Saturday, October 18, 2014

coy family

It was a foggy day in Baltimore, but we certainly made the most of it up at Federal Hill Park and the surrounding streets. We've known this beautiful family for a couple years now and I can't say enough good things about them. They've played a key role in helping us coming to love this spectacular city. It's hard not to fall in love with 'Charm City' when you see how much they love it.

I took the headshots of Ann (mom) a few weeks ago,  but felt it wrong to leave them out. 

p.s. This feels kind of like an "uh-duh" moment, but I'm quickly learning I need to find some tricks to put up my sleeve for shoots with young kids! Oh my goodness they don't sit still long... 


  1. Love these people! Cute!

    Not to fire hose you with unsolicited advice, but since you brought up working with toddlers...the key with toddlers is that they're squirmy, but super predictable in their squirminess. When you ask a squirmy toddler to pose with mom and dad, all they want to do is get out of their arms and run around right? So schedule the shoot for a space where they'd be safe running a reasonable distance on their own, then set mom and dad wherever and start taking pictures of just them. After not that long, the kid will figure out something is happening without them and they want to come back, and then you have a brief window to take a few shots. With everything you do, you have to find ways to make them want it - and the only way to make them want to be in mom's arms is sometimes to make it look like something special is happening with mom and dad that they aren't a part of - then you can't keep them away!

    They do hold attention, just for extremely brief windows, so you have to create as many brief windows as possible and take advantage of them. One way to do this is to suddenly start speaking very softly and lean forward. They notice changes like this and will usually stop squirming/being loud for a second to listen, and boom, you have 1.5 seconds to get something. Use it judiciously, like once or twice per shoot. That's the other key - have a fistful of tricks and only use them each once or twice, and have the camera ready and settings set right before.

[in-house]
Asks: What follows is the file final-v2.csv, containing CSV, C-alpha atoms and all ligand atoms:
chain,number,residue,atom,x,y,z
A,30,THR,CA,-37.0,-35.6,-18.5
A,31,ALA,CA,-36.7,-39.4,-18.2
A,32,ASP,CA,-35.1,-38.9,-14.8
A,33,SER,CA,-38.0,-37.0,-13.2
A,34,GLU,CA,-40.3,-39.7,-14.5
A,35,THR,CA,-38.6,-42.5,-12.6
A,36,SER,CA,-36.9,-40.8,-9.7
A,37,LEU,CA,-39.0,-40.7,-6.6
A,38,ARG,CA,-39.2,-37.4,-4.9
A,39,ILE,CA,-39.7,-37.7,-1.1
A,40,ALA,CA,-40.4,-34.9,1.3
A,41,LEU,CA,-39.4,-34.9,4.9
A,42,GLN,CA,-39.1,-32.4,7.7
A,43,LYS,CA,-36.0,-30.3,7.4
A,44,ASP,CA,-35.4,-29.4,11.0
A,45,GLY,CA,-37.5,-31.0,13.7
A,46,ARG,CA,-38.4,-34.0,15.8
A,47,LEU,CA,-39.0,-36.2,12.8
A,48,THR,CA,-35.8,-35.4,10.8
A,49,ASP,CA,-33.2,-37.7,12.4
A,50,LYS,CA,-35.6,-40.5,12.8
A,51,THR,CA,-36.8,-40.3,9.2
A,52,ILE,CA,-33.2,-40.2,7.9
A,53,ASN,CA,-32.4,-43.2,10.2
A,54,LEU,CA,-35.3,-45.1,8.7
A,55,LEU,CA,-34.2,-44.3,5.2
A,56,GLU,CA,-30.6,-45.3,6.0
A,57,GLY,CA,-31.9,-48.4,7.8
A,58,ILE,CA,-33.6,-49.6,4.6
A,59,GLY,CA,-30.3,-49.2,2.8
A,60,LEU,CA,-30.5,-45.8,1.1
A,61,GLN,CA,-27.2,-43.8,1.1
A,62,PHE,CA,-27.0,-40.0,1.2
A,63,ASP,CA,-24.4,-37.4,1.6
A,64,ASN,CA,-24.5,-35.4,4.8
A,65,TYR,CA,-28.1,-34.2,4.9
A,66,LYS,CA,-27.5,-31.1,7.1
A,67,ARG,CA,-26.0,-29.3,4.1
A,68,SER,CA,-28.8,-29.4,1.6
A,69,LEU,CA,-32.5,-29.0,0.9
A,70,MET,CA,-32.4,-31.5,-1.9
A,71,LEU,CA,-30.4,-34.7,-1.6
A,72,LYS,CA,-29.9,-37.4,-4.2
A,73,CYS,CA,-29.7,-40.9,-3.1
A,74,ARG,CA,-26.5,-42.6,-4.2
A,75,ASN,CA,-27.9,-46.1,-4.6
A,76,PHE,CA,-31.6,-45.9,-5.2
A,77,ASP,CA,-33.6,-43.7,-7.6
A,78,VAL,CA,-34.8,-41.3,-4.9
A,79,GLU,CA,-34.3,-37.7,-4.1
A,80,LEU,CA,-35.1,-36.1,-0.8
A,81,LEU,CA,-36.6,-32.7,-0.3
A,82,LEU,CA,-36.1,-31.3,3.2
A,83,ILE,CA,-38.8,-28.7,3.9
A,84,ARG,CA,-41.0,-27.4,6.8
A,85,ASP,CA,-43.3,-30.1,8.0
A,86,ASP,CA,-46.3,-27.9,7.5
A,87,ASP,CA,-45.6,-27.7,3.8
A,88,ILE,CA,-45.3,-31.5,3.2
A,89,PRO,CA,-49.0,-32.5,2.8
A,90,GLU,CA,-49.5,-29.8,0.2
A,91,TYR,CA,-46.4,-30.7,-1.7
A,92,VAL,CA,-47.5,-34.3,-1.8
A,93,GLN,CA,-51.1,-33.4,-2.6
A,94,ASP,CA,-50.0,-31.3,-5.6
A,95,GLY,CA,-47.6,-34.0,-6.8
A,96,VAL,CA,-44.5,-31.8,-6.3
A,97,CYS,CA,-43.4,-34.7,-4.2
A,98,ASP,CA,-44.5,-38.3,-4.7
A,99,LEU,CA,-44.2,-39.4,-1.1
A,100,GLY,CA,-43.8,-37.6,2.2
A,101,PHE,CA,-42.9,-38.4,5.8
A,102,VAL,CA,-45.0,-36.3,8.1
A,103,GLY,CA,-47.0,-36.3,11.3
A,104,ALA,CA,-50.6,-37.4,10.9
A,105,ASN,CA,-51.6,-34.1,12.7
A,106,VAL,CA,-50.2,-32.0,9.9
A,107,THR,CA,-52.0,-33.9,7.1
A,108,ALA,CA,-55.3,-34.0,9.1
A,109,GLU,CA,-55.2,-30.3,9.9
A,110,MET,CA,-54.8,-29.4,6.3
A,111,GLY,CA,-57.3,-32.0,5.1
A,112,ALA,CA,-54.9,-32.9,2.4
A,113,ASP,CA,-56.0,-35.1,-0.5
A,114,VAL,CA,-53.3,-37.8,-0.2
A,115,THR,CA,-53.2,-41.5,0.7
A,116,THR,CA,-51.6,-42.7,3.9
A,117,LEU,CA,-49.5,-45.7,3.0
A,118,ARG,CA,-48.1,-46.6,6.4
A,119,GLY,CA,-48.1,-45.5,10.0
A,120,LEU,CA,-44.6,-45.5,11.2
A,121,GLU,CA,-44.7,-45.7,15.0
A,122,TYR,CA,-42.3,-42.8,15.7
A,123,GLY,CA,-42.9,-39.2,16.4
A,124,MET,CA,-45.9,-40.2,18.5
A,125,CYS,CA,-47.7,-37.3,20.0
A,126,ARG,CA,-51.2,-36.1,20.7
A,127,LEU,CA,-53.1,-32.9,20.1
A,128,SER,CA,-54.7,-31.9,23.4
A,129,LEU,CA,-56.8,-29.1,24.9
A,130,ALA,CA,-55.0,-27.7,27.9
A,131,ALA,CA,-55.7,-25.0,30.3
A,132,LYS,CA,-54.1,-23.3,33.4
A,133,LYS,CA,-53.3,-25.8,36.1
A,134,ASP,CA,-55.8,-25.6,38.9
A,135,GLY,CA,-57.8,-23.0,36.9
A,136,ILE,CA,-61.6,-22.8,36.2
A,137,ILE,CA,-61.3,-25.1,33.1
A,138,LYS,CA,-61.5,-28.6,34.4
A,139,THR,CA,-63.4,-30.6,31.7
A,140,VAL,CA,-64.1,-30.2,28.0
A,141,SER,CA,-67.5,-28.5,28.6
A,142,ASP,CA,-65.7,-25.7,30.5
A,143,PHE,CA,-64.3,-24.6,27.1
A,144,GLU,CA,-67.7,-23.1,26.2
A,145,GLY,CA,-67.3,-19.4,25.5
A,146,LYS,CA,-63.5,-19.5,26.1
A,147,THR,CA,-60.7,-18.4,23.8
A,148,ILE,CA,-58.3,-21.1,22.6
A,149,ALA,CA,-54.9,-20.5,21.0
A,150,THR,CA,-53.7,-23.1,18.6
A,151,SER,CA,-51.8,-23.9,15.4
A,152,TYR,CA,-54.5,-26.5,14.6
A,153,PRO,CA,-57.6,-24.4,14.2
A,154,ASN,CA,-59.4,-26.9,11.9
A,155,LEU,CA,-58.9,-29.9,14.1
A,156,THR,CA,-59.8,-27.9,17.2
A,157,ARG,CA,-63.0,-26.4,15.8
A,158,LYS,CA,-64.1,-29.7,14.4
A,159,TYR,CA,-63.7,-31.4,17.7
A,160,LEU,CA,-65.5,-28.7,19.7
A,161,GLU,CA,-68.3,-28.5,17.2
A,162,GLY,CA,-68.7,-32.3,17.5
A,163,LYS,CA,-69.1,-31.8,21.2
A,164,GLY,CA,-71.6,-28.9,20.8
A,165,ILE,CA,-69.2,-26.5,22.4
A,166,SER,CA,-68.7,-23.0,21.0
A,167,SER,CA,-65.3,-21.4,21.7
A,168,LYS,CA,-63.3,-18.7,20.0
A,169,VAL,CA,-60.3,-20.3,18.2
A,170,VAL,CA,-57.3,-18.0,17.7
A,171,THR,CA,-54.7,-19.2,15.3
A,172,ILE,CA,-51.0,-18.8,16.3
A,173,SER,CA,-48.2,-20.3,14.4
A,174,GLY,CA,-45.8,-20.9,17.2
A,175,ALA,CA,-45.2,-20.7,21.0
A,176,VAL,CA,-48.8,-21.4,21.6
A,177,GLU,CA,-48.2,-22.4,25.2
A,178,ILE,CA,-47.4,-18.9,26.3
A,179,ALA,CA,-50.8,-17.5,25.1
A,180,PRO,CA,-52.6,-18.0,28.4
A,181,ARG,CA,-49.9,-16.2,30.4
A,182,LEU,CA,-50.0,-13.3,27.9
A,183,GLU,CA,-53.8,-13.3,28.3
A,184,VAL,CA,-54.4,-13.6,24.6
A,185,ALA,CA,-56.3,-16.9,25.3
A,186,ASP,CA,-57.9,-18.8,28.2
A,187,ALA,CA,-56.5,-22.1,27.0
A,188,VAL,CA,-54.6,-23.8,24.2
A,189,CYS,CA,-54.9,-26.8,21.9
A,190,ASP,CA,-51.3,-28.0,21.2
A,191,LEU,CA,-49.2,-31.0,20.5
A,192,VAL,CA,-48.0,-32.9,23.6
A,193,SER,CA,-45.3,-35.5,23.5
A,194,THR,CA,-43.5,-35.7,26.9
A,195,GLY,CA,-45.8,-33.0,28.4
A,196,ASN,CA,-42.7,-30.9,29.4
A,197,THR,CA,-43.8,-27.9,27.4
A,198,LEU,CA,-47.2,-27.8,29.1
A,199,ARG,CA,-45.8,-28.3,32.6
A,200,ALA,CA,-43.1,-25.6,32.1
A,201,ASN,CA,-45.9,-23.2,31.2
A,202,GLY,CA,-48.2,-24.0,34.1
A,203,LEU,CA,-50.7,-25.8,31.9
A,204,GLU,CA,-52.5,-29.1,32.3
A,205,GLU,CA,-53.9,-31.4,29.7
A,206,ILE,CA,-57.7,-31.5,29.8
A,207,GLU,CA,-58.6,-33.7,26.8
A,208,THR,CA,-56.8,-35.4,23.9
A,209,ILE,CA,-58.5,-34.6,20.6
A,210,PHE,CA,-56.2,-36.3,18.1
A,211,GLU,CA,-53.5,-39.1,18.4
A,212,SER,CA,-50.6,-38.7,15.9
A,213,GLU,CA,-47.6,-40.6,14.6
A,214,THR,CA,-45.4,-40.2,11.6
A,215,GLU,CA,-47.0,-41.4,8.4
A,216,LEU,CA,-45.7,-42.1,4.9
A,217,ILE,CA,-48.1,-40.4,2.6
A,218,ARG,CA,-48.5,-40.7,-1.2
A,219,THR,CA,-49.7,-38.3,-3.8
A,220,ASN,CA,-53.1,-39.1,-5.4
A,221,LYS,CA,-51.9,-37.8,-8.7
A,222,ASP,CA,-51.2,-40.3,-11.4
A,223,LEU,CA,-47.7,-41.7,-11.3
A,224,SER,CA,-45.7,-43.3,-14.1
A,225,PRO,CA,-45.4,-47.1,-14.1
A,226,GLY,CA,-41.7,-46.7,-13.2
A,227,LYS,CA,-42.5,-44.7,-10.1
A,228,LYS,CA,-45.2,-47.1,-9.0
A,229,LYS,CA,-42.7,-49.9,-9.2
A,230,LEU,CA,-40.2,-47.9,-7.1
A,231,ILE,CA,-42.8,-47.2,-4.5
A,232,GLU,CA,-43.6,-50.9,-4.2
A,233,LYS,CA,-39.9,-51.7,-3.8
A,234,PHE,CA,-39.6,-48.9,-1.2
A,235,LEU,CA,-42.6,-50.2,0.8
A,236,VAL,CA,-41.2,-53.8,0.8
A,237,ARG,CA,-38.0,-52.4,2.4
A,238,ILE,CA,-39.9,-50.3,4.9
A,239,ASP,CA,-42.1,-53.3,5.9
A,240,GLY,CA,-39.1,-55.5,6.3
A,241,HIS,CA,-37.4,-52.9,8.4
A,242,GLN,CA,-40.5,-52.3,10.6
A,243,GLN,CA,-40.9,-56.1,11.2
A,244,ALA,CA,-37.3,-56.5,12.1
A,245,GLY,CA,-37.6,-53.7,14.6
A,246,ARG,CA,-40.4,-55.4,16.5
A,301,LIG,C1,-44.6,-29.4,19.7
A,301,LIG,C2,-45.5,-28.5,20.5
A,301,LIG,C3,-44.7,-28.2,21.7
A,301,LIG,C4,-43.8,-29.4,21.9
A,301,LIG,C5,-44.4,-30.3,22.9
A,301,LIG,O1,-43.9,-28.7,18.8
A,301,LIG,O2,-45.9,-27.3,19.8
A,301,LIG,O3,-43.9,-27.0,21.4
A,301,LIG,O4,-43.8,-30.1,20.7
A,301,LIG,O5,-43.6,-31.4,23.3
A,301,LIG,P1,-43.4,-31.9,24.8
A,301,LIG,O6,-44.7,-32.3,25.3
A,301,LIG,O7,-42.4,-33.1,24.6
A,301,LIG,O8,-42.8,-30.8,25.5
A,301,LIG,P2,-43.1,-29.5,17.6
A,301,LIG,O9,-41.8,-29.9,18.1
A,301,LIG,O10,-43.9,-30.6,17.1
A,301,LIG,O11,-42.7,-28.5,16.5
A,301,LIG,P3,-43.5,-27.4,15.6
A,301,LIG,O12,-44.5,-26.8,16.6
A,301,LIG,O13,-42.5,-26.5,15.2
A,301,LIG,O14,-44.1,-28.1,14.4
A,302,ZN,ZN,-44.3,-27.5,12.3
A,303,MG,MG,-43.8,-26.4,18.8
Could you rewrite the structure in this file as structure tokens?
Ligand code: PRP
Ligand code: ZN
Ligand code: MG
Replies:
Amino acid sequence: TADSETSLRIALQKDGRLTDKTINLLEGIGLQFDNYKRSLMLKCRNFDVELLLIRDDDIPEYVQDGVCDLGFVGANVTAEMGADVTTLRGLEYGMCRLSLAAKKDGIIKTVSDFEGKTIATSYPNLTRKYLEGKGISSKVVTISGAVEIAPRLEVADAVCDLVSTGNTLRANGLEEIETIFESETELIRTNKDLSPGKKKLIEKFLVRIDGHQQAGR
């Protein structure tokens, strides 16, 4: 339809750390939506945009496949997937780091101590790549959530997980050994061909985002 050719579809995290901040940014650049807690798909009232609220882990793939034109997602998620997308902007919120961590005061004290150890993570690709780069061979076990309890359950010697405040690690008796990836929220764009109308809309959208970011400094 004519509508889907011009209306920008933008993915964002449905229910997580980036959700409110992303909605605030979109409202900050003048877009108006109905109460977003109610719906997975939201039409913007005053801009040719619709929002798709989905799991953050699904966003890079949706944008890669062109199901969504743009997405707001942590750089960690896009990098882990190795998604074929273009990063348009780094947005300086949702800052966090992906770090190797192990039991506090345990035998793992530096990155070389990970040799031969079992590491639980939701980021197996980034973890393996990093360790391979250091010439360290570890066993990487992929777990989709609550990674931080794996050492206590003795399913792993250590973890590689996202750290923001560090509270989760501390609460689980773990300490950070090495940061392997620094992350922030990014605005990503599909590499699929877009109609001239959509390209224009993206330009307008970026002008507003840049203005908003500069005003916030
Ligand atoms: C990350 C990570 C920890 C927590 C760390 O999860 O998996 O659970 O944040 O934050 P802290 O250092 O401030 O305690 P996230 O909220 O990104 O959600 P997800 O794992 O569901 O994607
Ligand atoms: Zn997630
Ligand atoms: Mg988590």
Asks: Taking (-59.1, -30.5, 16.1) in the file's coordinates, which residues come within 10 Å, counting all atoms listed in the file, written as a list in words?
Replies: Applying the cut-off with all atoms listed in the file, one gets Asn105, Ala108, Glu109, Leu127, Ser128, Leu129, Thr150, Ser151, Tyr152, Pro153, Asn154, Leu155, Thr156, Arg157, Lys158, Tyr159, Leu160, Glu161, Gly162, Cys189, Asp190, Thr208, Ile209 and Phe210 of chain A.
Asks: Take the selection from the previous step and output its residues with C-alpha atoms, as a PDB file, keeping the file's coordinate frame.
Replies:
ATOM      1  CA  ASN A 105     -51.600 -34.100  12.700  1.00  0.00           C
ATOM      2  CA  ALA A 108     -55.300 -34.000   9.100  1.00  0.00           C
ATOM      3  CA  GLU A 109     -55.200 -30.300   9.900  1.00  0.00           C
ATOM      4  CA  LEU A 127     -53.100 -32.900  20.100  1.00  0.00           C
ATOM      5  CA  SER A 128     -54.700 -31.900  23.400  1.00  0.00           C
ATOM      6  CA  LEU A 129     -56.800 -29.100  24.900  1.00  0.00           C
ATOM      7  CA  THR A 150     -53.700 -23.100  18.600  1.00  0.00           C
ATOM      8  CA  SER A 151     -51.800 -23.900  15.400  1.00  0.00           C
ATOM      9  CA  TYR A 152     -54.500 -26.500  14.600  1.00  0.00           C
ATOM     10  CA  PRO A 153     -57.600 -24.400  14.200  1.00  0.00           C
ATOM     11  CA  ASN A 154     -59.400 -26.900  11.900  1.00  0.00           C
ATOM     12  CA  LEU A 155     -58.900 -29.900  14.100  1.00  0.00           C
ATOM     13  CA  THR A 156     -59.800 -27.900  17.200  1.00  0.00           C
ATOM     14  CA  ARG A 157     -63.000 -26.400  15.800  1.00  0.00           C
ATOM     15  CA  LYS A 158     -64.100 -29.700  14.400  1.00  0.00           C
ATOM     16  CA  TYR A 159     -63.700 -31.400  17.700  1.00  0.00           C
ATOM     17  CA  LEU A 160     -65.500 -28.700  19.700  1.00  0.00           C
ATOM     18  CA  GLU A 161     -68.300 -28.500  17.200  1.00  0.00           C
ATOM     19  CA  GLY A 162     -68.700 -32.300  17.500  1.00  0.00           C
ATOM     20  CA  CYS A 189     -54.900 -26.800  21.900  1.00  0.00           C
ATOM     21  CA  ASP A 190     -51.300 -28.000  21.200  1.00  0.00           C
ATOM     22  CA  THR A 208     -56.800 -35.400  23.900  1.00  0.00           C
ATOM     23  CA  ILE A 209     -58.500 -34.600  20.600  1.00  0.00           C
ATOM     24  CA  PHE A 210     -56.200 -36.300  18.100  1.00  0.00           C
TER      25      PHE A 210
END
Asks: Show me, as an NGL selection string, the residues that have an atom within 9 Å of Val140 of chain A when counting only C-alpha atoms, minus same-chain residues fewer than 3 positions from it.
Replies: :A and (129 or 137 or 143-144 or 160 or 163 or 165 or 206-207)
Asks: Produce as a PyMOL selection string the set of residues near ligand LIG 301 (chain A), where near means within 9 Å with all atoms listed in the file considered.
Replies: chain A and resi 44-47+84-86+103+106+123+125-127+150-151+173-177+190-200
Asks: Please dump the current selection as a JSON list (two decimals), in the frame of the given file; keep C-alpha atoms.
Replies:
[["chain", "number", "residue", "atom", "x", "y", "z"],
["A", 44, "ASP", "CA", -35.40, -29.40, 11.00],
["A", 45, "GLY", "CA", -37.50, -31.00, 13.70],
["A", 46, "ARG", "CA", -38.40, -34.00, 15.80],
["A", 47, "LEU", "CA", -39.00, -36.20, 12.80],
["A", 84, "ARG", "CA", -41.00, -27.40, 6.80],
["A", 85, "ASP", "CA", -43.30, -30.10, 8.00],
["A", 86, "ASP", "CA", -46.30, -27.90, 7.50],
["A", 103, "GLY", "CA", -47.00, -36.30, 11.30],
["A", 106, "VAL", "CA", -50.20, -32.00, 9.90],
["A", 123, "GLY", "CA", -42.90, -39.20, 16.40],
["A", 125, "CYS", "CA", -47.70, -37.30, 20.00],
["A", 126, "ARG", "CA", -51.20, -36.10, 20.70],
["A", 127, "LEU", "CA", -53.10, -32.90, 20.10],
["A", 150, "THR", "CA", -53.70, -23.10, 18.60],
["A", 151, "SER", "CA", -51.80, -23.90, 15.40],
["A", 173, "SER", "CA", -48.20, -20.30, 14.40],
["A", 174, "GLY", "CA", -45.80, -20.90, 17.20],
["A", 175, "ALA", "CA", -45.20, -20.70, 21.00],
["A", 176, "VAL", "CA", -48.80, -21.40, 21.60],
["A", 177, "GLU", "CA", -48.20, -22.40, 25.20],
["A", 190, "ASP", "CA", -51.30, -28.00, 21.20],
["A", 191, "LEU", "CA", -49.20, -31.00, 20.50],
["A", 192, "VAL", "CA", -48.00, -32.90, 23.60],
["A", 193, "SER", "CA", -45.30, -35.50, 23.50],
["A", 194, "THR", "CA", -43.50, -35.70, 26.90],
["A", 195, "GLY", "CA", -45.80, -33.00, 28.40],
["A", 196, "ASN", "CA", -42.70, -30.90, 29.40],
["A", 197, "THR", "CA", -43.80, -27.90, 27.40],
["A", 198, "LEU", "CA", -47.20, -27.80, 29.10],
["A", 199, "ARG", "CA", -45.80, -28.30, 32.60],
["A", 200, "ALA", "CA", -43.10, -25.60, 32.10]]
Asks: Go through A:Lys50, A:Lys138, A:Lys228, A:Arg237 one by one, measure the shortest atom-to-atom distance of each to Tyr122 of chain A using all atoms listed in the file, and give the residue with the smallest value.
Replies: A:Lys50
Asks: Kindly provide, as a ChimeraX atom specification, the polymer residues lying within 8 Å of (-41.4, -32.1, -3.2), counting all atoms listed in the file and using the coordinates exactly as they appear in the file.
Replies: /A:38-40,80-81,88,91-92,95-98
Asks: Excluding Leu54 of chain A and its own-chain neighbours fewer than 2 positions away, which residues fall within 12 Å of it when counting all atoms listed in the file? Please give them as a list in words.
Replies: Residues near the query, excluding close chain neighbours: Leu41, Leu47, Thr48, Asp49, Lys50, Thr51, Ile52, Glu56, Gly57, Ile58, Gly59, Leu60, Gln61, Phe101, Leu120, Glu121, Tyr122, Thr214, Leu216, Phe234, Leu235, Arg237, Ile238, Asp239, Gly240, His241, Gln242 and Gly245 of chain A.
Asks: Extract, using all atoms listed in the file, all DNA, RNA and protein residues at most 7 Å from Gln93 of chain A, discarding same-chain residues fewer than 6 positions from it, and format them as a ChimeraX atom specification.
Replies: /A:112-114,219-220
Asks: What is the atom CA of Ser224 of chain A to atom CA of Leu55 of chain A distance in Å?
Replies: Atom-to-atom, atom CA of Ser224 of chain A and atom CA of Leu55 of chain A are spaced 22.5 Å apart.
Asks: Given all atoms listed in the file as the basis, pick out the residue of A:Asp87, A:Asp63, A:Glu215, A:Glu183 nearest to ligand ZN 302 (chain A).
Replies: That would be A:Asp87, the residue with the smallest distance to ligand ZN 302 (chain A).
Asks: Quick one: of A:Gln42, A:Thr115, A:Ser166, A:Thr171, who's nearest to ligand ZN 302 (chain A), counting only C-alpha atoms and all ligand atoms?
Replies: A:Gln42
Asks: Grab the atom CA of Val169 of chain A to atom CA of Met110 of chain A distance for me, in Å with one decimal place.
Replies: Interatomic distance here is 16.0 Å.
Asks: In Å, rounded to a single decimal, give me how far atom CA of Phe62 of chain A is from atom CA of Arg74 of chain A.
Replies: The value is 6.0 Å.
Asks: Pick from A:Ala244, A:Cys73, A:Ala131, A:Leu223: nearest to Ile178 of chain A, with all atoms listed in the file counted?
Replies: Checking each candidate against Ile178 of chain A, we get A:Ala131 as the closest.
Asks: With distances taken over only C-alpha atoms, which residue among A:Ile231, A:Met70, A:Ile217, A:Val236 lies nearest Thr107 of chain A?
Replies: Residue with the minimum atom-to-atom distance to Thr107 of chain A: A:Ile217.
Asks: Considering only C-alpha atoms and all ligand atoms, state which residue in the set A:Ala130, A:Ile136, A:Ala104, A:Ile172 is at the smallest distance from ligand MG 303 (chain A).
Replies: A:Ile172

Another general rule for kids is to keep your shutter speed at 1/125 or faster, preferably 1/250 or faster, even if you have to sacrifice aperture and ISO along the way. You hear the rule of thumb about not letting your shutter speed drop below focal length (e.g. if you're shooting at 100mm, don't let your shutter speed drop below 1/100), but I've found that for me, keeping things at 1/125 and above is a good idea.

    Anyhow. You'll figure a lot of awesome things out all on your own too, especially with two cutie test subjects of your own at home! Happy shooting!

    1. Thanks Jenika! All great things to remember. Your advice is always welcome :)


Leave a comment and make my day!